In The Courts

Catholic Church Evades Sex Charges in South Dakota

Monday, April 11, 2011

Native Americans who attended Jesuit schools in the Northwest and Alaska just learned they will share in a $166.1 million settlement for offenses including childhood sexual abuse. But plaintiffs in South Dakota--nearly half of whom are women--face a legal barrier.

Page 2 of 2

Recent State Law Applied

In dismissing the 18 cases, the South Dakota judge applied a 2010 state law that limits victims' ability to bring childhood-sexual-abuse lawsuits after age 40. Since almost all Native American boarding-school survivors are older than that, another of their attorneys, Gregory A. Yates of Rapid City, S.D., and Los Angeles, has charged that both the law and the unusual retroactive ruling (applying a new statute to pre-existing cases) target this group. On that basis, Yates asked the court to reconsider its decision, but on April 1 the judge refused to do so. The Sioux Falls diocese did not return calls requesting a comment.

Attorney Steven Smith, of Chamberlain, S.D., wrote the 2010 law, which was sponsored by his local representative as a "constituent bill." He testified to the legislature that overaggressive plaintiffs' lawyers were driving the Native American complaints and that the Catholic Church had difficulty responding to them because the alleged activities occurred so long ago.

Smith, whose client, Congregation of Priests of the Sacred Heart, is the defendant in about a dozen pending cases for sexual abuse that allegedly occurred at St. Joseph's Indian School, also in Chamberlain, told Women's eNews that under the old law, "plaintiffs were entitled to their day in court and that's a hard one to defend." He added that plaintiffs were "trying to grab the brass ring, seeing others grab the brass ring, thinking it's your ticket out of squalor."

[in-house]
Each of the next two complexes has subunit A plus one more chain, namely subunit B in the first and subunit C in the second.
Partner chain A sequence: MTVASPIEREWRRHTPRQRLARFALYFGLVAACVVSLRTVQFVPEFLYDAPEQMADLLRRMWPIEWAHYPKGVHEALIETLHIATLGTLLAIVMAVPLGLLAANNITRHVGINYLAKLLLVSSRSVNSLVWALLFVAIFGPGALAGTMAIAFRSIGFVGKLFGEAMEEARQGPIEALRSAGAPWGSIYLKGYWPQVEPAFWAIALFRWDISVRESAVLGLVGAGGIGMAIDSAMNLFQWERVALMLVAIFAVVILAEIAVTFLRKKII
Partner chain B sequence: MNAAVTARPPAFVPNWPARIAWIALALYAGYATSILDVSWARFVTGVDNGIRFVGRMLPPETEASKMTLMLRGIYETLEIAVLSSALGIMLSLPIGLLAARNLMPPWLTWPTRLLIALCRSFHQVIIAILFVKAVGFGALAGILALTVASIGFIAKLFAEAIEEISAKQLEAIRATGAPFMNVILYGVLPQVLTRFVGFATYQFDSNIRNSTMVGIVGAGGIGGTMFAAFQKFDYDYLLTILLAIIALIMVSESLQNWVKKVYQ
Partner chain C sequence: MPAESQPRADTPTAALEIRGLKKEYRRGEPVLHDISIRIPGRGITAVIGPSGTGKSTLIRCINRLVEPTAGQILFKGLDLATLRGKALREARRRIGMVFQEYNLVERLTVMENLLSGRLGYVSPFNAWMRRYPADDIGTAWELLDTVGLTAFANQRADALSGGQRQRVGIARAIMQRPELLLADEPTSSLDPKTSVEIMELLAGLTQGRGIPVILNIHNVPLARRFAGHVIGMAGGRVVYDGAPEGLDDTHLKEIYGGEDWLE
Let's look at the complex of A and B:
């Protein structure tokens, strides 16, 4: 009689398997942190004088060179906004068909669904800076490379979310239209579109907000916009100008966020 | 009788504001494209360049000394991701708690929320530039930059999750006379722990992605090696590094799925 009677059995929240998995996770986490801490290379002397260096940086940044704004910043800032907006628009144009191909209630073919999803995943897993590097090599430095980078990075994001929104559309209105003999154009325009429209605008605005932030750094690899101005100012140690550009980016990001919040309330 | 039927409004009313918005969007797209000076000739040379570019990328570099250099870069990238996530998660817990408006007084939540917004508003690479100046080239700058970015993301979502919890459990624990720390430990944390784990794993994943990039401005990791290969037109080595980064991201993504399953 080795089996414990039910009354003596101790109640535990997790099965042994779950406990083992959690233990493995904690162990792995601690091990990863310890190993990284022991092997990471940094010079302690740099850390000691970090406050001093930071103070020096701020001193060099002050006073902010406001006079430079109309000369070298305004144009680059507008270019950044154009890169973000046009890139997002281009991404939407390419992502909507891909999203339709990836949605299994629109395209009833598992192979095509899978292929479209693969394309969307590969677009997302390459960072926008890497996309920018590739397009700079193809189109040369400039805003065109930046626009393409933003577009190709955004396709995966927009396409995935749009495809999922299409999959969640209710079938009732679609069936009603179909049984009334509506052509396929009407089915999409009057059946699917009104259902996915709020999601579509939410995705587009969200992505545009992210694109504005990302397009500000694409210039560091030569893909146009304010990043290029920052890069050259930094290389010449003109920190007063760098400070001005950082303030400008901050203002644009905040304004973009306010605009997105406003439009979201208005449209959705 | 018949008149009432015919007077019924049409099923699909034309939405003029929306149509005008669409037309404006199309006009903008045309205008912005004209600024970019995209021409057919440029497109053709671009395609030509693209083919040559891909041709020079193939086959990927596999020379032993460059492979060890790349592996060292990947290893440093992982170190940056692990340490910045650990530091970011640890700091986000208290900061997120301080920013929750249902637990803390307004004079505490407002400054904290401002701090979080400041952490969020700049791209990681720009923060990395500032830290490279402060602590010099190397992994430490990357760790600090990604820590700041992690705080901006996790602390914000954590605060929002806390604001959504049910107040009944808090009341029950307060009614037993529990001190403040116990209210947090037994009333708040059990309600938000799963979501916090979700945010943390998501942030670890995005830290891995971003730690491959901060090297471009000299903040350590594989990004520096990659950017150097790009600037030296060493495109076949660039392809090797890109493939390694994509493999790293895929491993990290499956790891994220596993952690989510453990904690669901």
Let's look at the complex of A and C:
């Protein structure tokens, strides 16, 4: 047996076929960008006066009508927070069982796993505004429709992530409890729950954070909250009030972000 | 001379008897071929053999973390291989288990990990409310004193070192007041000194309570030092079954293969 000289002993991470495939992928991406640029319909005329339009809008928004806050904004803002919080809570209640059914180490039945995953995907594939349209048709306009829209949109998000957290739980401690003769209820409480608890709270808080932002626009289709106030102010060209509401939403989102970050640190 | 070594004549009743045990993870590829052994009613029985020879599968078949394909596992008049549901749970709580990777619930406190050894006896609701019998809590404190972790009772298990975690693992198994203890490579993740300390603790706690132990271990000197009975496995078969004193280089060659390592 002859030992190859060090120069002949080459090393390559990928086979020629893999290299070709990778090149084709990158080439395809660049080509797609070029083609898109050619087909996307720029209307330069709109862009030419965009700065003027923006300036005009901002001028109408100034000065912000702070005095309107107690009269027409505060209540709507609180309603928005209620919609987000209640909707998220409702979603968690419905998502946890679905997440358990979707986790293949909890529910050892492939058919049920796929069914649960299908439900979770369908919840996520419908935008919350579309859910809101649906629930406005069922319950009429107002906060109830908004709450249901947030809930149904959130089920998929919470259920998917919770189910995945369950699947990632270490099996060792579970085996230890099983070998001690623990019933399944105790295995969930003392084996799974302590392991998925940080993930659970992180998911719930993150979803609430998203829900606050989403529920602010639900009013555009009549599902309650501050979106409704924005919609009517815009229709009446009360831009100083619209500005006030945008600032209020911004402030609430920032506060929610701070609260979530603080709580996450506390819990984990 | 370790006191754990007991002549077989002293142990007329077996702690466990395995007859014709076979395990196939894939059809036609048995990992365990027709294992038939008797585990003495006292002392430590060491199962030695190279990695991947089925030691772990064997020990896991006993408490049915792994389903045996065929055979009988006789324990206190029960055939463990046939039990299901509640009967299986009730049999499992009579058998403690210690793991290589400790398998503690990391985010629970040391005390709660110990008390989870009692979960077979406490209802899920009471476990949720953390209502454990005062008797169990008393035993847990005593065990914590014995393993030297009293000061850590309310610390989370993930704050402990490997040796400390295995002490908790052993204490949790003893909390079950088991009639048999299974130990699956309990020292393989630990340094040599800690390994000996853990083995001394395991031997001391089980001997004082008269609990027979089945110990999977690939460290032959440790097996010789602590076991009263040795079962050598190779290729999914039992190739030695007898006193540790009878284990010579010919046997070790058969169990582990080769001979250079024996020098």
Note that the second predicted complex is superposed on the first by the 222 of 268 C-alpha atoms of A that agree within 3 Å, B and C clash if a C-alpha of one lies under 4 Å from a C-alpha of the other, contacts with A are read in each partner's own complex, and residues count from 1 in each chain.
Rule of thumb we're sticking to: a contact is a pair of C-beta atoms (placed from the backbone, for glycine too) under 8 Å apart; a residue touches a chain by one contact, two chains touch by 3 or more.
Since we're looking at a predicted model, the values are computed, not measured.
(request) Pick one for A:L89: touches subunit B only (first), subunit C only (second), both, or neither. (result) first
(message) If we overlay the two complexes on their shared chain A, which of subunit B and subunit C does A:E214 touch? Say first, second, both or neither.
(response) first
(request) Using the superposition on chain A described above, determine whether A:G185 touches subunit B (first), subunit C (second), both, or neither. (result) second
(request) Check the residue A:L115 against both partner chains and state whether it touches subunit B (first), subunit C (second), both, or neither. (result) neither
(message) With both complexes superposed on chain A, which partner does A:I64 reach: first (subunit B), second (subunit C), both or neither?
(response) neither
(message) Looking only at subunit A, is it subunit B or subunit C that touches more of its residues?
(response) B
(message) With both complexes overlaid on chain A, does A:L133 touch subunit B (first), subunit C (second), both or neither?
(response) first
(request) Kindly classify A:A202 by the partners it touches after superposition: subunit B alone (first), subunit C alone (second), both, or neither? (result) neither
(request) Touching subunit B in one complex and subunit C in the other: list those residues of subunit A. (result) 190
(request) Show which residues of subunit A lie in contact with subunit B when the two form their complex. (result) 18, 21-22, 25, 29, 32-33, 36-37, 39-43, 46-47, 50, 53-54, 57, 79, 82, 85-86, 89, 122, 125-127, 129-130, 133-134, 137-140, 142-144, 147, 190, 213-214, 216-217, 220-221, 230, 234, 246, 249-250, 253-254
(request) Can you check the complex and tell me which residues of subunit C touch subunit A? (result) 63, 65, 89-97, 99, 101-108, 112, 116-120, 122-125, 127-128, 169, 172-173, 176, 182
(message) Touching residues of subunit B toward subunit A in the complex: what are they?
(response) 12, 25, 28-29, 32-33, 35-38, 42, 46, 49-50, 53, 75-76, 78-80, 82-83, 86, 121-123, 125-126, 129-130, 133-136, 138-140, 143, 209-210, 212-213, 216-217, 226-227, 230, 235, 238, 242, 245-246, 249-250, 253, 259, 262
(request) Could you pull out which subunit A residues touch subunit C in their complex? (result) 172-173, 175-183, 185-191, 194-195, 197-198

"You bet the South Dakota legislation was designed to keep Native American lawsuits out of the courts," said Joelle Casteix, the Survivors Network of Those Abused by Priests' western regional director. "The Church has a hard time defending itself because it has the proof. It keeps a paper trail on sexual-abuse complaints." These documents are inevitably damaging when they are revealed during litigation, she said.

But the plaintiffs' legal efforts continue, according to attorney John C. Manly, of Manly and Stewart. "We will appeal the decision to the South Dakota Supreme Court. We will pursue every remedy," he said.

Drum and other plaintiffs have also not given up. "The truth never changes," she said, "and the truth will come out."


Would you like to Comment but not sure how? Visit our help page at

Would you like to Send Along a Link of This Story?

Stephanie Woodard writes on human rights, food and agriculture for magazines and for her blog at

For more information:


"Soul Wound: The Legacy of Native American Schools," Amnesty International USA:


"Native Americans in South Dakota: An Erosion of Confidence in the Justice System," South Dakota Advisory Committee to the United States Commission on Civil Rights:





1 COMMENTS | Login or Sign Up to post comments


The World

B.C. Hitchhikers Left to 'Highway of Tears' Mercy


Native American Women Vets Seek Recognition

Domestic Violence

Gateways to Safety Scarce for Navajo Women

Thanks to womensenews for reporting this tragic story. My sympathies to those who suffered and are suffering. Good wishes that the legal cases will be successful.